We asked his lawyer how we could help. She told us that he is in need of the basics of life, including new clothes, pocket money, and all the other normal things that a person would need whose nightmarish false conviction at the hands of the state has just ended. He needs to get on with his life and with your help we can give him a little help making the adjustment to freedom.

So, we would like to ask everyone to help us help Anthony Graves. We would like to be able to raise and send him $1,000 before Thanksgiving. If we raise more, then that would be even more helpful for him. If you would like to help, you can send a donation and we will pass it along to Anthony. $1,000 is not much in the great scheme of things, but it will help Anthony at a time when he could really use it.

In 2004, after Ernest Willis was exonerated and released from Texas death row, Texas Moratorium Network asked our supporters to help Ernest. We were able to raise $1,000 in a short time and send it to Ernest in 2004. We received the below message from Ernest Willis after he received our check for $1,000 in 2004.

"Hello, I do appreciate the donations & your time & help in getting the donations. Yes, the state of Texas gave me $100.00 when I was released & that was all. I am doing okay since my release & am very happy to be free. I have not had any problems adjusting to the life out here.
Again -I do appreciate the help, it is greatly appreciated as I do need it".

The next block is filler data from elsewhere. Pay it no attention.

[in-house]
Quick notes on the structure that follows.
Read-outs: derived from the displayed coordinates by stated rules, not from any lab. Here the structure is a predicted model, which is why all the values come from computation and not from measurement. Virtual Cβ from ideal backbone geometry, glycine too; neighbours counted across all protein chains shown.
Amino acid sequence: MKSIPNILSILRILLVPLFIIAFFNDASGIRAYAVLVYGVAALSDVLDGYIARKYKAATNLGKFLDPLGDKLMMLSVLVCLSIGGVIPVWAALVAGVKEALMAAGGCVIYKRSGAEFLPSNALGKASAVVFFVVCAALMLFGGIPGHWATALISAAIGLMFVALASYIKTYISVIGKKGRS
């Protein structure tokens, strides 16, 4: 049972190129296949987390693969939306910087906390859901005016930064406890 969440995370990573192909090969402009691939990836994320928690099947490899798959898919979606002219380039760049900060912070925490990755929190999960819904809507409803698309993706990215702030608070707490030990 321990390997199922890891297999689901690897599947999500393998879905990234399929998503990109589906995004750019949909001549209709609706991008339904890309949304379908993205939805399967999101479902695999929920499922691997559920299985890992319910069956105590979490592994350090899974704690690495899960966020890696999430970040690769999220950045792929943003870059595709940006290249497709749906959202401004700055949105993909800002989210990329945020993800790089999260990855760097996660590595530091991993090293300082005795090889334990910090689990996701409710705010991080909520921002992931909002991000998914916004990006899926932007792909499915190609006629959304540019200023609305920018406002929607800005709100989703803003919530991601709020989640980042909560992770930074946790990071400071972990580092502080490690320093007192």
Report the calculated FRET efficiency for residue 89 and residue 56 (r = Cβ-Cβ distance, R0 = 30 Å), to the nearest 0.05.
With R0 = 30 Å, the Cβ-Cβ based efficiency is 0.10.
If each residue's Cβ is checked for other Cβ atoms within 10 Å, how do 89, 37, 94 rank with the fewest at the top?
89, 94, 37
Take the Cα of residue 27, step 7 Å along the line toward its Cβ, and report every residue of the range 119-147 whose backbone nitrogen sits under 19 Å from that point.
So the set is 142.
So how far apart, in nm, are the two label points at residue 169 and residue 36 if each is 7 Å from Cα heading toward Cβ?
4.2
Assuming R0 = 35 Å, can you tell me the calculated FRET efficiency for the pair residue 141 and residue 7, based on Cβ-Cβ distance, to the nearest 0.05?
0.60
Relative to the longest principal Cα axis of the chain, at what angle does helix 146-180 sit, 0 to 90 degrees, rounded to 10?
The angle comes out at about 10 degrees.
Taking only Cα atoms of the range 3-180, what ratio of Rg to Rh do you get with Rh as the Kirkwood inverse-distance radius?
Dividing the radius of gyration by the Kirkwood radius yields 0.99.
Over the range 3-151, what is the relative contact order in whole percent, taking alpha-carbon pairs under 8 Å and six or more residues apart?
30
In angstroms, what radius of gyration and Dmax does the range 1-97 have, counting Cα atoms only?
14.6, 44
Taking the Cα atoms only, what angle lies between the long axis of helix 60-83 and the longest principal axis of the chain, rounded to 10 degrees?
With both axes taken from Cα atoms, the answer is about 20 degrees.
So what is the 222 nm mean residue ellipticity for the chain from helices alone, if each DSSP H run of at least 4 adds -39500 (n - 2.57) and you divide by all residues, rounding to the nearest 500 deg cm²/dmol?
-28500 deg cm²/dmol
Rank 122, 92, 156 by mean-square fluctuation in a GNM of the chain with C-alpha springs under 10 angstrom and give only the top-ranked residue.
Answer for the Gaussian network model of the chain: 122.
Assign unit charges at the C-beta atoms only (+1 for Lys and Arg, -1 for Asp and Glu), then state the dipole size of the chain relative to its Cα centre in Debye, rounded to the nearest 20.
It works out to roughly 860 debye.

Thank You,
Ernest Willis

Now, it is time to help another innocent person just released from Texas Death Row.

If you would like to donate to help Anthony Graves, you can make a donation to TMN using a credit card by clicking here.




Or you can send a check to:

Texas Moratorium Network
3616 Far West Blvd, Suite 117, Box 251
Austin, Texas 78731

Please note on your check that your donation is for Anthony Graves. If you want to include a short note to Anthony, we will deliver your note along with the check we give him with all the donations. We want to give him the donations before Thanksgiving, but if we receive any donations for him after Thanksgiving, we will send him those donations too.

Donations to Texas Moratorium Network are not tax deductible because our primary mission is to advocate to the Texas Legislature to stop executions.

If you would like to make a tax deductible donation to help Anthony, you can make a donation to the 501 (c) (3) organization Texas Death Penalty Education and Resource Center.


For more on the case of Anthony Graves, here are some links to news articles about him:




"Editorial: Death-row case underscores fallibility", Dallas Morning News Editorial Board, October 28, 2010.
"Innocence Lost" by Pamela Coloff, Texas Monthly, October 2010.


Rick Perry says that the Graves case is an example of the system working, but we know that it is an example of a fundamentally flawed system that has repeatedly sentenced innocent people to death and allowed some of them to be killed by the State of Texas while asserting their innocence with their last breaths, including Todd Willingham. Starting in January, TMN will be spending a lot of time at the Texas Legislature advocating for a moratorium on executions and other reforms, including finding a way to hold prosecutors accountable for misconduct leading to wrongful convictions.

If you are unable to afford a donation to Anthony right now, please keep him and his family in your thoughts, especially when you gather your family around the table on Thanksgiving Day.
Thank you,

Your friends at Texas Moratorium Network

Below is a photo of a typical cell on Texas death row. Anthony Graves lived in such a cell even though he was an innocent person.